Dog Rescue

Man in blue crew neck t shirt and blue denim jeans sitting beside brown short coated

Have you considered adopting a dog from a dog rescue? There are hundreds of dog rescue groups around the country that work to find homes for unwanted dogs. There are dog rescue organizations that specialize in particular breeds, and dog rescues that are no-kill, meaning that they will not euthanize a dog if it doesn’t get adopted. No–kill dog rescues can be found in all fifty states.

Adopting a dog from a dog rescue can also save you money. You can adopt a dog from a rescue who has been certified healthy by a vet, spayed or neutered, and vaccinated for a much cheaper price than most breeders would charge. Sometimes you can find a puppy at a dog rescue, but usually the dogs available are older dogs who need loving new homes.

Why Should I Adopt From A Dog Rescue?

Adopting a dog from a dog rescue can literally save a life. Dog rescue centres sometimes euthanize dogs who have been in the dog rescue for a long time because they need the space for another dog. Adopting from a dog rescue can free up a space for another dog while giving a deserving dog a great home. Sometimes non-profit groups will adopt dogs from dog rescues to train as helpers for handicapped people or as search and rescue dogs.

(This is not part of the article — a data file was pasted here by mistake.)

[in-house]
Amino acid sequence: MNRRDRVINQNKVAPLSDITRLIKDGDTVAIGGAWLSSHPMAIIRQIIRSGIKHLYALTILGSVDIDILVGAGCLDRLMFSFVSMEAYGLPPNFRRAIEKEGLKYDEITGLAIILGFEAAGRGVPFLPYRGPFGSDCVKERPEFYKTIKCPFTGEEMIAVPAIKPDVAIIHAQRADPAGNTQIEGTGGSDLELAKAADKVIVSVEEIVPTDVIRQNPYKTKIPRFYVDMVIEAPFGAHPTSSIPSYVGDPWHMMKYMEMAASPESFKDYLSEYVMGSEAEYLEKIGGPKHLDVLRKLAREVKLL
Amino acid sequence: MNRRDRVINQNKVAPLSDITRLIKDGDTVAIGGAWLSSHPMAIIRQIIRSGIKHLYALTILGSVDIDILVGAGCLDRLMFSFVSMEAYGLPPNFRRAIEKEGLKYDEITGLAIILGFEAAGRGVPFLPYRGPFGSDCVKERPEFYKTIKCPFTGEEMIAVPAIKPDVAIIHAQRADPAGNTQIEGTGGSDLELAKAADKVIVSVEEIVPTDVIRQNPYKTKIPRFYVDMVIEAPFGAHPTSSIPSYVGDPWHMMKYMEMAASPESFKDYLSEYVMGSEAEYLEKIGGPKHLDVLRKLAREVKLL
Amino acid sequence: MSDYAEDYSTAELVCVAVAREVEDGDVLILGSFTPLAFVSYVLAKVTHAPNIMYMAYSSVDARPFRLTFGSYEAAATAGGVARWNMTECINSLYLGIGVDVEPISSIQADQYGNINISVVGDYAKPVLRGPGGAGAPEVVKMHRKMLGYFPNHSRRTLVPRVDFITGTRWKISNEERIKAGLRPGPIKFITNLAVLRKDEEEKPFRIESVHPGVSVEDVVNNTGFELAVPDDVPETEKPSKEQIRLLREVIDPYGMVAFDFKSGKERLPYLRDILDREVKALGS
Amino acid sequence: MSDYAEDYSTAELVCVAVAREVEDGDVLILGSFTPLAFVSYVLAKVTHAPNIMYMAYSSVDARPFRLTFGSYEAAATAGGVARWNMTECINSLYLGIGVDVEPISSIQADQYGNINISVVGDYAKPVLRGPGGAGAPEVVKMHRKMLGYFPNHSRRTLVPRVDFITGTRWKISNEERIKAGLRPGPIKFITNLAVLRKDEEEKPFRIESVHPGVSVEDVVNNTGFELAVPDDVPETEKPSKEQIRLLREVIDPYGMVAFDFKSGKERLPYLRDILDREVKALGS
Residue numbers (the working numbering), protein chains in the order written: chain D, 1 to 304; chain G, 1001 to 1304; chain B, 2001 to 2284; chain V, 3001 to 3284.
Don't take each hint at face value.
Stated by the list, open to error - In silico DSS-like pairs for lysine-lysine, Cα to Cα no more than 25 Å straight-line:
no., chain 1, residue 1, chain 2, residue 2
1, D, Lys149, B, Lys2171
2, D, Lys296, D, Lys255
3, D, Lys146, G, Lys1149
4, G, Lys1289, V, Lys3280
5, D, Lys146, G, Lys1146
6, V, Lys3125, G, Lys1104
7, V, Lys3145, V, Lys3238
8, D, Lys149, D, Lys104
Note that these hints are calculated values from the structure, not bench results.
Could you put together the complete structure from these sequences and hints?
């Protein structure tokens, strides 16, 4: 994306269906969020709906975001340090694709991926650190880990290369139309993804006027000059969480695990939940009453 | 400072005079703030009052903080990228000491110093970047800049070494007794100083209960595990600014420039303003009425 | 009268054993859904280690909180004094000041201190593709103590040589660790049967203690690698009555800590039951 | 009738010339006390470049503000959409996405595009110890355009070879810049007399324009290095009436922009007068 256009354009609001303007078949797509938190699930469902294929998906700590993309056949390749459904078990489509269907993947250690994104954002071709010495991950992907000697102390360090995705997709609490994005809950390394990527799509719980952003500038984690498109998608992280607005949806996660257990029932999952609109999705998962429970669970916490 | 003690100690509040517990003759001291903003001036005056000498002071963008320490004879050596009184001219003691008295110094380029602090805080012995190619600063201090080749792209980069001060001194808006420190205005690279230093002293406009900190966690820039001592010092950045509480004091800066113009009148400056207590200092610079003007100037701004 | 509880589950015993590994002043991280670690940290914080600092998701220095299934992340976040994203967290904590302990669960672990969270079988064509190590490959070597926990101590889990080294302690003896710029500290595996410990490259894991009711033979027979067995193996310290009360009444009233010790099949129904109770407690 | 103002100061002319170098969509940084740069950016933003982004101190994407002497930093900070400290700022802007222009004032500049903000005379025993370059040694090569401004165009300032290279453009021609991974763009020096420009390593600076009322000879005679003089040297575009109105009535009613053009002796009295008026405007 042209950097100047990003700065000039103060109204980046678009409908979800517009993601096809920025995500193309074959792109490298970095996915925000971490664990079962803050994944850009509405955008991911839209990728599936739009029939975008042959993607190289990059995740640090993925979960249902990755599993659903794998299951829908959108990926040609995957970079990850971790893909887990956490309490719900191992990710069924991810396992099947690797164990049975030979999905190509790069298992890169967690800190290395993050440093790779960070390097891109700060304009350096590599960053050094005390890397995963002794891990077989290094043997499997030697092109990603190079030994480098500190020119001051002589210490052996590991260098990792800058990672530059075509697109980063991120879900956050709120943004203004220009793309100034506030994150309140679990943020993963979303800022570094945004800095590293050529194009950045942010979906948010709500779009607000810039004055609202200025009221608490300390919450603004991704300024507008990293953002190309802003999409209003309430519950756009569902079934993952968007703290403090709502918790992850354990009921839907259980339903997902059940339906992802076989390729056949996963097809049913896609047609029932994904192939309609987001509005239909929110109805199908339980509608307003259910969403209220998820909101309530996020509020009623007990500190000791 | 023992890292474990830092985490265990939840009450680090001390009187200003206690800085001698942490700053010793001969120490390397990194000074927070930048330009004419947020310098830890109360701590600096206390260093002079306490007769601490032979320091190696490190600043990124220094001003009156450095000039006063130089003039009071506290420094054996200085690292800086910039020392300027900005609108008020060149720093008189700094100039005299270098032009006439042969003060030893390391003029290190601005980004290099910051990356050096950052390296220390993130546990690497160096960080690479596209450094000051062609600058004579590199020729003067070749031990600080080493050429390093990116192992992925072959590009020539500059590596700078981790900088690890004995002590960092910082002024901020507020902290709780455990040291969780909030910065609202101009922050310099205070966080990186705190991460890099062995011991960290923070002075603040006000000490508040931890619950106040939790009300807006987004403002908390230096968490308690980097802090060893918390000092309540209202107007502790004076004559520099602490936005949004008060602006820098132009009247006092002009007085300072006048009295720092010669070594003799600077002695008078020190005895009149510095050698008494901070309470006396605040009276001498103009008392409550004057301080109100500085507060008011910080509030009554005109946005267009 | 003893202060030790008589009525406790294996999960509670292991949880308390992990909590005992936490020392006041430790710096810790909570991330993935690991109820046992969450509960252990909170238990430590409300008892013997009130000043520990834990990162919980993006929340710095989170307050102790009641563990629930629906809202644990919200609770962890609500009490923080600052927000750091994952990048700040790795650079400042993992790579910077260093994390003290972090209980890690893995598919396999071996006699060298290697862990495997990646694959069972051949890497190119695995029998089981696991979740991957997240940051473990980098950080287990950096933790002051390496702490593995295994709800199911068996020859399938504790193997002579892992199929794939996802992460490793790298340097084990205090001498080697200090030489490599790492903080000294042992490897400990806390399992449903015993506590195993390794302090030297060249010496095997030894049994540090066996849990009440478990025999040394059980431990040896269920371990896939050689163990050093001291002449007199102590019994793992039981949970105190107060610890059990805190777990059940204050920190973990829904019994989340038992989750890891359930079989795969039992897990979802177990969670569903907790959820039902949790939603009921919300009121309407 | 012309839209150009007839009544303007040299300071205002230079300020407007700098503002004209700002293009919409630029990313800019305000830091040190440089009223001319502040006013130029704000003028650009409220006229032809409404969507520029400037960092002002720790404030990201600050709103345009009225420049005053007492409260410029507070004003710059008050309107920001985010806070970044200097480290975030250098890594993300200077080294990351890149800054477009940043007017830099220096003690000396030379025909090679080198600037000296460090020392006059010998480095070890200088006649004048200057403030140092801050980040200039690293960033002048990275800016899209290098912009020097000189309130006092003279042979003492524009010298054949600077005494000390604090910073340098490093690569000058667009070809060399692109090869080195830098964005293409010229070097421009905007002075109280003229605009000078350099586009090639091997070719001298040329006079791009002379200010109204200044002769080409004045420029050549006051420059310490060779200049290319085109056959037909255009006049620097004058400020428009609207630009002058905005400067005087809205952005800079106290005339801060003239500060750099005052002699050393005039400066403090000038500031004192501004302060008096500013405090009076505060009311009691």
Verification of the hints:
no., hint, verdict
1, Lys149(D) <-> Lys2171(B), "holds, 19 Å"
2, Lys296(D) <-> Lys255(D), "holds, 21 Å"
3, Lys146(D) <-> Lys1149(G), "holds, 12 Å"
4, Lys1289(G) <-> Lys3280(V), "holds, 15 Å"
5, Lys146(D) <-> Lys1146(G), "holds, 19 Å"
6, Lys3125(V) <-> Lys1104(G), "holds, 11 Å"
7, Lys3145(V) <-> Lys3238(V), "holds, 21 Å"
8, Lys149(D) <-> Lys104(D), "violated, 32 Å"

What Kind Of Dogs Can I Find In A Dog Rescue?

There are all kinds of dog rescues. Some are breed specific, so if you are looking for malamute dog you can search on the Internet for a malamute dog rescue or a group that rescues purebred malamute dogs. There are also rescues that specialize in types of dogs. You can do a search on the Internet or in your phone book for toy dog rescues, Alaskan dog rescues, puppy rescues, rescues that specialize in small dogs, or dog rescues in Georgia.

Can I Give My Dog To A Dog Rescue?

Sometimes people find themselves in a situation where they have to find a new home for their dog. If you cannot care for your dog anymore you should try to place it in a rescue. The rescue may ask you if your dog has any health or behavioral problems that might make it difficult to find someone to adopt it. A rescue may not want to accept howling dogs, dogs that are aggressive or dogs who bite. Placing your dog in a rescue should be a last resort.